Conservative Party Leadership - A few thoughts

The long awaited Conservative Party leadership battle is afoot, with now 8 MPs in the race.


From the off, this was set to be a ‘juicy’ leadership race. For those on the right - there’s been a mass ‘celebration’ of how diverse the candidates have been; and for those on the left - what appears to be a dissatisfaction that ethnic minorities can be right wing, and don’t need our hands holding to reach the top. I would say it surprises me in 2022 that people remain focused on the colour of one's skin to decipher how well and far they’ll go - in whatever walk of life they chose, but I suppose this is what happens when both those on the left and right remain obsessed.



For myself personally, and for those of you that know who I am, you’ll know that I have a deeply rooted interest in British-Indian voting behaviour; and the impact upon the Conservative Party - which I will begin researching for my PhD starting this September. Which is why, when I was asked by a lecturer who I keep in contact with from De Montfort University to write a piece on the Conservative Party leadership, I decided I would write something - once we knew exactly how many candidates would be standing.


In regards to the candidates themselves; I’m quite pleasantly surprised that the years of experiences these MPs have - vary. Jeremy Hunt has been an MP since 2005, and the most recent is Kemi Badenoch who was elected in 2017. The reason for this pleasantly surprising me, is the days of having a Prime Minister who completes their education and then goes to work straight in politics is over - MPs finally have a bit of life experience! In addition to this, I know some on the left are obsessed with essentially being ‘gate-keepers’ and acting as a ‘helping-hand’ to help people who do so happen to be of an ethnic minority background; however when I look at the 8 candidates, one cannot help but recognise the diversity and confidence that those who do have an ethnic minority background have of the Conservative Party is something that has been in the making for a few decades now.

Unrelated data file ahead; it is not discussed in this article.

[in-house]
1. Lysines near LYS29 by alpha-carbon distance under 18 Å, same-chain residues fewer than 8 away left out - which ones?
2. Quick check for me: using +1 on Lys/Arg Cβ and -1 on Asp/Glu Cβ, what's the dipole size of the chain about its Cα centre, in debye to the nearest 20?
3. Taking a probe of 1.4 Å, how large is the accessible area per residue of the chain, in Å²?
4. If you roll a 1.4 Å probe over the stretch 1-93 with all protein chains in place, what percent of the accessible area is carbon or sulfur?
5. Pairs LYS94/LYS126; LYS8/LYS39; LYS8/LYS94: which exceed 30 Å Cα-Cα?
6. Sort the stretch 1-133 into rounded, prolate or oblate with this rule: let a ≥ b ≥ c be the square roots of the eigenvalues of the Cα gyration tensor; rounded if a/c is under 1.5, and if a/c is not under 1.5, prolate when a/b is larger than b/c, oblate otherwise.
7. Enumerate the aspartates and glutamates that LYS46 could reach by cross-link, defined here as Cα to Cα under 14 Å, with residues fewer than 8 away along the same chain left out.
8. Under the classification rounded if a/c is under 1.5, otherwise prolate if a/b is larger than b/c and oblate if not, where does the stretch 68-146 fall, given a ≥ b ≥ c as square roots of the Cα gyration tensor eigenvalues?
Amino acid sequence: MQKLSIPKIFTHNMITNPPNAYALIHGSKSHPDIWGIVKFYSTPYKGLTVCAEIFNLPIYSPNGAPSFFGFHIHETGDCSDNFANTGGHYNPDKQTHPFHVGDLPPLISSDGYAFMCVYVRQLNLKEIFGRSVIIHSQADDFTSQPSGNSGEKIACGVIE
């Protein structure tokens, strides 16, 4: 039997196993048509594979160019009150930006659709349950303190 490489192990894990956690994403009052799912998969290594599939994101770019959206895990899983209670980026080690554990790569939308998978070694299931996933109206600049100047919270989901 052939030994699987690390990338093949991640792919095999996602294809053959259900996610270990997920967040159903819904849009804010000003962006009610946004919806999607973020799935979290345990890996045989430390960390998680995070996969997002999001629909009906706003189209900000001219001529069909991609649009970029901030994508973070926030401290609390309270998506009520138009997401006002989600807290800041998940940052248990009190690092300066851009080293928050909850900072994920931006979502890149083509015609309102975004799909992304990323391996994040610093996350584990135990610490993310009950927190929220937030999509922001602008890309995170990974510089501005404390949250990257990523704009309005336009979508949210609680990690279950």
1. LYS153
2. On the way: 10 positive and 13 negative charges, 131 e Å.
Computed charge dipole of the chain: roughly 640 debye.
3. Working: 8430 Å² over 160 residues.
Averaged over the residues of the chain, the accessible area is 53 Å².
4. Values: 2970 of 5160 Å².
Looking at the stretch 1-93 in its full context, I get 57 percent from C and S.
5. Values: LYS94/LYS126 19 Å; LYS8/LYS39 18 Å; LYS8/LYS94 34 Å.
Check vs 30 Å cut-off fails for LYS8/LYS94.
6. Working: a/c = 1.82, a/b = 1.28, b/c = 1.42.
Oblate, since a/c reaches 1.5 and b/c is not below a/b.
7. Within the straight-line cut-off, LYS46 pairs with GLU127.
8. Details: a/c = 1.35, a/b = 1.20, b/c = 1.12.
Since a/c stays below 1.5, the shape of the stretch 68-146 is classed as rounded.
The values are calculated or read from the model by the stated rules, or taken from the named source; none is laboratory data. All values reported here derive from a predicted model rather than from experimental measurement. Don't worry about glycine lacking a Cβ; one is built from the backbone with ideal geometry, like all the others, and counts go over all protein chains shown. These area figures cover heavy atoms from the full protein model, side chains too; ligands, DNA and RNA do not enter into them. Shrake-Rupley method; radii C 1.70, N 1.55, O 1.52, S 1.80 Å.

When asked to write this piece, I was asked whether people of Indian descent - putting their name forward to be leader of the Conservative Party was something that was envisioned 20 years ago. After giving it some thought, it’s something that I remembered has been in the making under Margaret Thatcher's leadership of the Conservative Party (arguably controversial, I know). Saying this however, it can be backed up by an article written by Matthew Francis in 2017, titled Mrs Thatcher’s peacock blue sari: ethnic minorities, electoral politics and the Conservative Party, c. 1974–86.” Within this, Francis discusses the strong work ethic, the drive to do well, strong family life and some other key points as to why the Conservative Party should target ethnic minorities, specifically British Indians in order to gain their trust and support.


This is why I do personally think it’s fantastic to see Rishi Sunak as one of the favourites. Whilst I personally haven’t decided who I’ll be voting for, it’s refreshing that we have a candidate who actually has family values, not afraid of hard work - valuing education (something I do think this country needs a big boost of!), and previously favouring low taxes. I think the other great thing about Rishi Sunak, is he doesn’t live in a ‘fantasy’ word; you only have to watch his campaign video and read his ‘About Me’ on his website to see he genuinely comes from a family who work hard. In saying this, this doesn’t mean I’m supporting Rishi Sunak to be the next leader of the Conservative Party (as of yet, I’m seriously undecided).


But of course, at the current moment - we do face an upheaval of challenges. Challenges which couldn’t have been tackled whole-heartedly by the former Prime Minister, who really was just in place to “Get Brexit Done.” Looking at the candidates, I do hope they realise the era of doing the upmost bizarre things, needs to be put to bed. Politics at the end of the day, really isn’t a circus (although at times it may seem like it); there’s real problems that need sorting out before they go from bad to worse; including but not limited too - the rise in taxes - for which we see no benefit in those extra pounds the Government takes off us; gas and electric bills; a serious lack of housing and necessary infrastructure and even families and childcare. These problems cannot be fixed by a new Prime Minister who is obsessed with the idea of being a celebrity. The ‘celebritisation’ of politics is, in my view, drivel and doesn’t deserve a place in British politics, and most certainly not in the Conservative Party. Politicians don’t need to be worshipped; and the formation of a ‘cult of personality’ as we’ve witnessed with Boris Johnson is dangerous. I just hope whoever wins the leadership election - whatever their race and gender, genuinely takes the role seriously.


52 views0 comments

Recent Posts

See All

I’m writing this roughly 30 minutes prior to the vote in Parliament on needing Covid certification to enter venues. We know it’ll pass; we know Boris Johnson will rely on the Labour Party to pass it (